Near the end of the 19th century, a new design was adopted for the three smallest silver denominations. This included the Barber Quarters, which were struck from 1892 to 1916. Mintages across all issues vary, with the series marked by the presence of three significant key dates. For anyone trying to complete a set, these three coins are the most difficult or costly to acquire.
The obverse design of the Barber Quarter features the head of Liberty. She is facing right and wear a cap with most of her hair bound beneath. The cap has a laurel wreath and a band inscribed “Liberty”. The design is completed with “In God We Trust” above, the date below, and an arrangement of thirteen stars. The reverse design contains a heraldic eagle, with wings spread. The eagle had an olive branch, arrows, and shield, with a scroll in its beak reading “E Pluribus Unum”. The inscriptions “Untied States of America” and “Quarter Dollar” surround, with once again thirteen stars completing the design.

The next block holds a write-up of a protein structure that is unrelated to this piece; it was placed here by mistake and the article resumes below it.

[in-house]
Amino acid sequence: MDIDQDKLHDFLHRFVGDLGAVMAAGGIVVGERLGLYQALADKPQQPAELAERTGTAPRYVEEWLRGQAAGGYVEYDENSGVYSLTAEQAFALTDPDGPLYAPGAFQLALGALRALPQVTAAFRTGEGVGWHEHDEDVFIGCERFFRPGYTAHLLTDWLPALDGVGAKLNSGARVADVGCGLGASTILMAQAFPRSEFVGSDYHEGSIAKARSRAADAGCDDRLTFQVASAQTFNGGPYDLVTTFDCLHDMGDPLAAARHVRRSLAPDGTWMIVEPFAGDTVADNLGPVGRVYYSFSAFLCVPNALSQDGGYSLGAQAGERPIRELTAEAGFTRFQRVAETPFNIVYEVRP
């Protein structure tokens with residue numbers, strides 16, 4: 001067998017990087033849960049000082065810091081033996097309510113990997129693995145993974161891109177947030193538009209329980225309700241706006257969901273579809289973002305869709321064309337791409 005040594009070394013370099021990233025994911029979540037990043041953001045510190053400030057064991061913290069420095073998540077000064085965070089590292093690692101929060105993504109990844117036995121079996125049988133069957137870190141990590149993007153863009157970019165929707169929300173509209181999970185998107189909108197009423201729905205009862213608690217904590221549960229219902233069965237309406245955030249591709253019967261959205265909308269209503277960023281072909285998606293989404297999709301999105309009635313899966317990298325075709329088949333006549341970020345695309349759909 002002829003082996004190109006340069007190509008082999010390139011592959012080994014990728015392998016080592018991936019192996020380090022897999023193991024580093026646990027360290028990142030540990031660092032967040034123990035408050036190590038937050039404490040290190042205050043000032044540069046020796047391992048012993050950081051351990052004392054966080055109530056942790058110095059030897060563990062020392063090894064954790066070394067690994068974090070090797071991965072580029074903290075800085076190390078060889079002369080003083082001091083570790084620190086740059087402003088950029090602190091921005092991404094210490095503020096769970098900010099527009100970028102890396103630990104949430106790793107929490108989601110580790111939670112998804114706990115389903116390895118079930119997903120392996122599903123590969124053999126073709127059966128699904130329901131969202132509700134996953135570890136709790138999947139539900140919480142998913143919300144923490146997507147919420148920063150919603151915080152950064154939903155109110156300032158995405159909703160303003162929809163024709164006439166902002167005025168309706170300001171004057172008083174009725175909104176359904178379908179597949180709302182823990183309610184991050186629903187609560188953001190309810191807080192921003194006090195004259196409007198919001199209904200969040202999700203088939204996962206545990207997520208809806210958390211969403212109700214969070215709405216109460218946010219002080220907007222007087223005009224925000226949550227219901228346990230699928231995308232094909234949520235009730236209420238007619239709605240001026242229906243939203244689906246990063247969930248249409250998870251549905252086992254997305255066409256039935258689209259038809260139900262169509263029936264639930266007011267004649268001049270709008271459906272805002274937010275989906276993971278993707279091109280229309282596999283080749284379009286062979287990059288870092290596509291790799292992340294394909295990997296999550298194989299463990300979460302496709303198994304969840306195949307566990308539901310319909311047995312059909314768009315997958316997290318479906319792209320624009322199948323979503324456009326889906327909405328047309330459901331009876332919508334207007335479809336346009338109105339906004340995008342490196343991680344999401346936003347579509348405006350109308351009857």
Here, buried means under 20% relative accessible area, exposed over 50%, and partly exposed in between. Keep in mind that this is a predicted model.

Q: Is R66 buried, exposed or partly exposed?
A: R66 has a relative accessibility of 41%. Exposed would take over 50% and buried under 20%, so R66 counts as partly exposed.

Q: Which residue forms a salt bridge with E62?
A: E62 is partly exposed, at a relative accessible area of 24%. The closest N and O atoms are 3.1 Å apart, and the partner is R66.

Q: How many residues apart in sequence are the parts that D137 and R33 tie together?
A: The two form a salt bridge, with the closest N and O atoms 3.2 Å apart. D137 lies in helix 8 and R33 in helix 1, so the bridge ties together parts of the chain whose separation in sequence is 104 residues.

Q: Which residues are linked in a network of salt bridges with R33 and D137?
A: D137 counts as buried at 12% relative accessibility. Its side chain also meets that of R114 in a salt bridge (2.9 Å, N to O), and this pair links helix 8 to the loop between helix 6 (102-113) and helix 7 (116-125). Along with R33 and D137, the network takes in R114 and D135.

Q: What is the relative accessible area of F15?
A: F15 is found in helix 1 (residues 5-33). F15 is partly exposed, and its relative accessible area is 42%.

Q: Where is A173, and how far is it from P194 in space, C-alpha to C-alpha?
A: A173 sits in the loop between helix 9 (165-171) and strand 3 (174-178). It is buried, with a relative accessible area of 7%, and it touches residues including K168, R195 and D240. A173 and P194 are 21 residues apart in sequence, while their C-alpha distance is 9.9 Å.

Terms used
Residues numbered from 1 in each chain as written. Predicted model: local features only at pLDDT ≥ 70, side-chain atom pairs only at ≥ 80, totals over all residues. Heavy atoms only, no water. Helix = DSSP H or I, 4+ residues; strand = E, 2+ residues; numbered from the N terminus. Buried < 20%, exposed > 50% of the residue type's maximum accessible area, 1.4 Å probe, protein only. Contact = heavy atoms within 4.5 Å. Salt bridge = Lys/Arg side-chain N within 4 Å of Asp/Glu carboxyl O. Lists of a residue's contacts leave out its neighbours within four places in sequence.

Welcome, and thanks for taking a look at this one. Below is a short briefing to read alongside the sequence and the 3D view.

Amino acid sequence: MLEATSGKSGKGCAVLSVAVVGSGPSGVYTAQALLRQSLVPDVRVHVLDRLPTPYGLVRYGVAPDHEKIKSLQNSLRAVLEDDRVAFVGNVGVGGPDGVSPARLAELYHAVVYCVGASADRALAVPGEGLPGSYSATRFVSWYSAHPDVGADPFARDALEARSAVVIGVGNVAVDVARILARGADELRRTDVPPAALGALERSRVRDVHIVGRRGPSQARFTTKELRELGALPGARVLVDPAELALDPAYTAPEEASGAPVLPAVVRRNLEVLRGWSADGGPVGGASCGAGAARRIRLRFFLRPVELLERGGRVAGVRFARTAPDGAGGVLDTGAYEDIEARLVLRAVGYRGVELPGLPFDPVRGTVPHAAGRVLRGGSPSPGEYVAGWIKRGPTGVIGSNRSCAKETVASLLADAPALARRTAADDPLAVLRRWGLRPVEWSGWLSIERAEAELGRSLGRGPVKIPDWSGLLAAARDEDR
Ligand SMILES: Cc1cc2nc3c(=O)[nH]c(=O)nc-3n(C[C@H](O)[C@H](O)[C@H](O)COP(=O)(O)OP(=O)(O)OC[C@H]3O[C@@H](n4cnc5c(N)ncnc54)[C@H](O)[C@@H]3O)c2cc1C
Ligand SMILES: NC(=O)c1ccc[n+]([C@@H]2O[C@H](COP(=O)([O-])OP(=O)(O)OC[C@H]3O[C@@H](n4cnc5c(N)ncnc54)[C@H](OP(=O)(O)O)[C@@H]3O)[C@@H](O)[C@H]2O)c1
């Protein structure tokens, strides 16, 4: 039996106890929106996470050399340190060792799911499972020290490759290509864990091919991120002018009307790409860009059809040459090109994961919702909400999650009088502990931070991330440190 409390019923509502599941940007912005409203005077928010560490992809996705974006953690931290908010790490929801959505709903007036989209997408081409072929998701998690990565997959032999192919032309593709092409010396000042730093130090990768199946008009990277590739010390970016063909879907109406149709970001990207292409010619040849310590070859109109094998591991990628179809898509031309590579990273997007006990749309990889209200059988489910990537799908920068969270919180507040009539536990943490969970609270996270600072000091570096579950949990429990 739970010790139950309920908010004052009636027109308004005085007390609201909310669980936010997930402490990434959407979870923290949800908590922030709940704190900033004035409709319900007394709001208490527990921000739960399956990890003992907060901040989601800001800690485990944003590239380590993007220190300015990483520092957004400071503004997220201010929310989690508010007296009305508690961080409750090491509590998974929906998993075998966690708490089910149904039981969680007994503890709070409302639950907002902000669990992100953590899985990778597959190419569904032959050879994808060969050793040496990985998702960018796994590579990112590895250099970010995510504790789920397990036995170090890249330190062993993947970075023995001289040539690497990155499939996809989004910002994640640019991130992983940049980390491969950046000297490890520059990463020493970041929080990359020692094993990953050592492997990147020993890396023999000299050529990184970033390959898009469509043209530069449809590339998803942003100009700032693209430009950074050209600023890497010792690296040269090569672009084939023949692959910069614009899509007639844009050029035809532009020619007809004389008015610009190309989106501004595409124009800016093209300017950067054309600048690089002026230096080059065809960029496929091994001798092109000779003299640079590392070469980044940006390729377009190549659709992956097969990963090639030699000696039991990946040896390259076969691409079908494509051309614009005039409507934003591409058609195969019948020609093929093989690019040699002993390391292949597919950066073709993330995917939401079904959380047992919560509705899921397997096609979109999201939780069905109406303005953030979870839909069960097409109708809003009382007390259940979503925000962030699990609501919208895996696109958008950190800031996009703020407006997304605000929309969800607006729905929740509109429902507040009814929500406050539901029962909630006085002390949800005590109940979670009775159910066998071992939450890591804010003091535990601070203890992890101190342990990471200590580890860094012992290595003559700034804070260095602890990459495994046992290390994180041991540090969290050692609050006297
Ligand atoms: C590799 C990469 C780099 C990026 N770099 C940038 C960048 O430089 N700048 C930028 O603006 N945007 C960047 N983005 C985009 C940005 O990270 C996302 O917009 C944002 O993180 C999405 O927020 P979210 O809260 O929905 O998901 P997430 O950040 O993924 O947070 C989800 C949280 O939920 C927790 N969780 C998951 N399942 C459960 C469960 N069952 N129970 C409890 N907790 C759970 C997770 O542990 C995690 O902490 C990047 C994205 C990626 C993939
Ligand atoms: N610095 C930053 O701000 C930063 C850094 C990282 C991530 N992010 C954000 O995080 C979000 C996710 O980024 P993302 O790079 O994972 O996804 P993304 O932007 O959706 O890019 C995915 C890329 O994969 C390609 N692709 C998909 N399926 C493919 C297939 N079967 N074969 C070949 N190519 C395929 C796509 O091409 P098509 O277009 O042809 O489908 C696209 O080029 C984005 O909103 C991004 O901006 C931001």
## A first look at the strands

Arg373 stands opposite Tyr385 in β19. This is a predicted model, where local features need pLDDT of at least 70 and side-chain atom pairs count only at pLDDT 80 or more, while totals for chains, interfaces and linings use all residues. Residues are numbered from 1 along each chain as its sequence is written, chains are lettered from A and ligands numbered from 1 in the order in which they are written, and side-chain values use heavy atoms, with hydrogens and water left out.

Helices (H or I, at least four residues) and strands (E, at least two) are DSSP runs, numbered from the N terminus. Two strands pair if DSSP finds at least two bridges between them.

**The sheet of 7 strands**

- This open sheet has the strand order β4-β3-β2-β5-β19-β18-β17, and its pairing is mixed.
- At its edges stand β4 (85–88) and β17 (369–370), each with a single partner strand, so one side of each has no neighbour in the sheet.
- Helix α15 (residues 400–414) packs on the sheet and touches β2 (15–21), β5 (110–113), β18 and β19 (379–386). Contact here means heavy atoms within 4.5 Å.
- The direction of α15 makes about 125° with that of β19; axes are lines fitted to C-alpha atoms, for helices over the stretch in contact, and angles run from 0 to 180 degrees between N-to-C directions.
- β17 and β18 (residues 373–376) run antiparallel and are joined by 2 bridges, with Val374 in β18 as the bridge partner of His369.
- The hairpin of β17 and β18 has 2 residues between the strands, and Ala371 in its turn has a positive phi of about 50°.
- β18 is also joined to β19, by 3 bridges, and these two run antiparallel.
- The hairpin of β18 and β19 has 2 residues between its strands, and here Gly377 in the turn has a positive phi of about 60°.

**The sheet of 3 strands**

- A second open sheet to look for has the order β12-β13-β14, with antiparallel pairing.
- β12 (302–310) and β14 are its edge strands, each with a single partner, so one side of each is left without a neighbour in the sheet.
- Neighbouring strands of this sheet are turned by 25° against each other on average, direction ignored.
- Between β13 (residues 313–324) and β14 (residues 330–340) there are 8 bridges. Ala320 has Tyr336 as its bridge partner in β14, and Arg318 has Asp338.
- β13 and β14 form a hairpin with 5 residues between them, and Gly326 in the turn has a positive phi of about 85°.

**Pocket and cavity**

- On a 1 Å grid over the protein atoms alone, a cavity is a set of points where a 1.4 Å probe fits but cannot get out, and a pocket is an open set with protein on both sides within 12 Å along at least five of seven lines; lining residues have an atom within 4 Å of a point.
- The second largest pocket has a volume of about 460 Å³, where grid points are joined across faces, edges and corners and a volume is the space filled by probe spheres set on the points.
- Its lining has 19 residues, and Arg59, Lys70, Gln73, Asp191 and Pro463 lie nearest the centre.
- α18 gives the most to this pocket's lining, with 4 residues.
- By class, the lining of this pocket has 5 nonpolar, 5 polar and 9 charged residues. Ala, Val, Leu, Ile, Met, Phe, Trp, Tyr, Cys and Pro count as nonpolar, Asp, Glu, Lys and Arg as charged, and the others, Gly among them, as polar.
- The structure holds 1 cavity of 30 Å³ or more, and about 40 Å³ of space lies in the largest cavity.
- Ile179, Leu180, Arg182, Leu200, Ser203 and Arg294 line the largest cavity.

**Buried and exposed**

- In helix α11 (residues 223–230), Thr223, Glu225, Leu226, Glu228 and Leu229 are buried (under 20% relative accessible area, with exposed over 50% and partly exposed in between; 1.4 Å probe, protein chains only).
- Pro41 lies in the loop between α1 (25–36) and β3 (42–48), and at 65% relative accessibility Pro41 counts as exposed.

For the Barber Quarters series:
- There were a total of 74 different circulation strike issues. These were minted at either Philadelphia, Denver, New Orleans, or San Francisco.
- The total number of coins struck across all date and mint mark combinations is 264,670,792, representing an average mintage of 3,576,632.
- Three low mintage key dates from the San Francisco Mint punctuate the series and provide a challenge for collectors. These are the 1896-S, 1901-S, and 1913-S. The lowest mintage issue is the 1913-S at 40,000 pieces. However, the most difficult coin to acquire is the 1901-S Barber Quarter, since fewer were saved from circulation.
- The highest mintage for the series is the 1899 Barber Quarter at 12,624,000.
Barber Quarter Mintages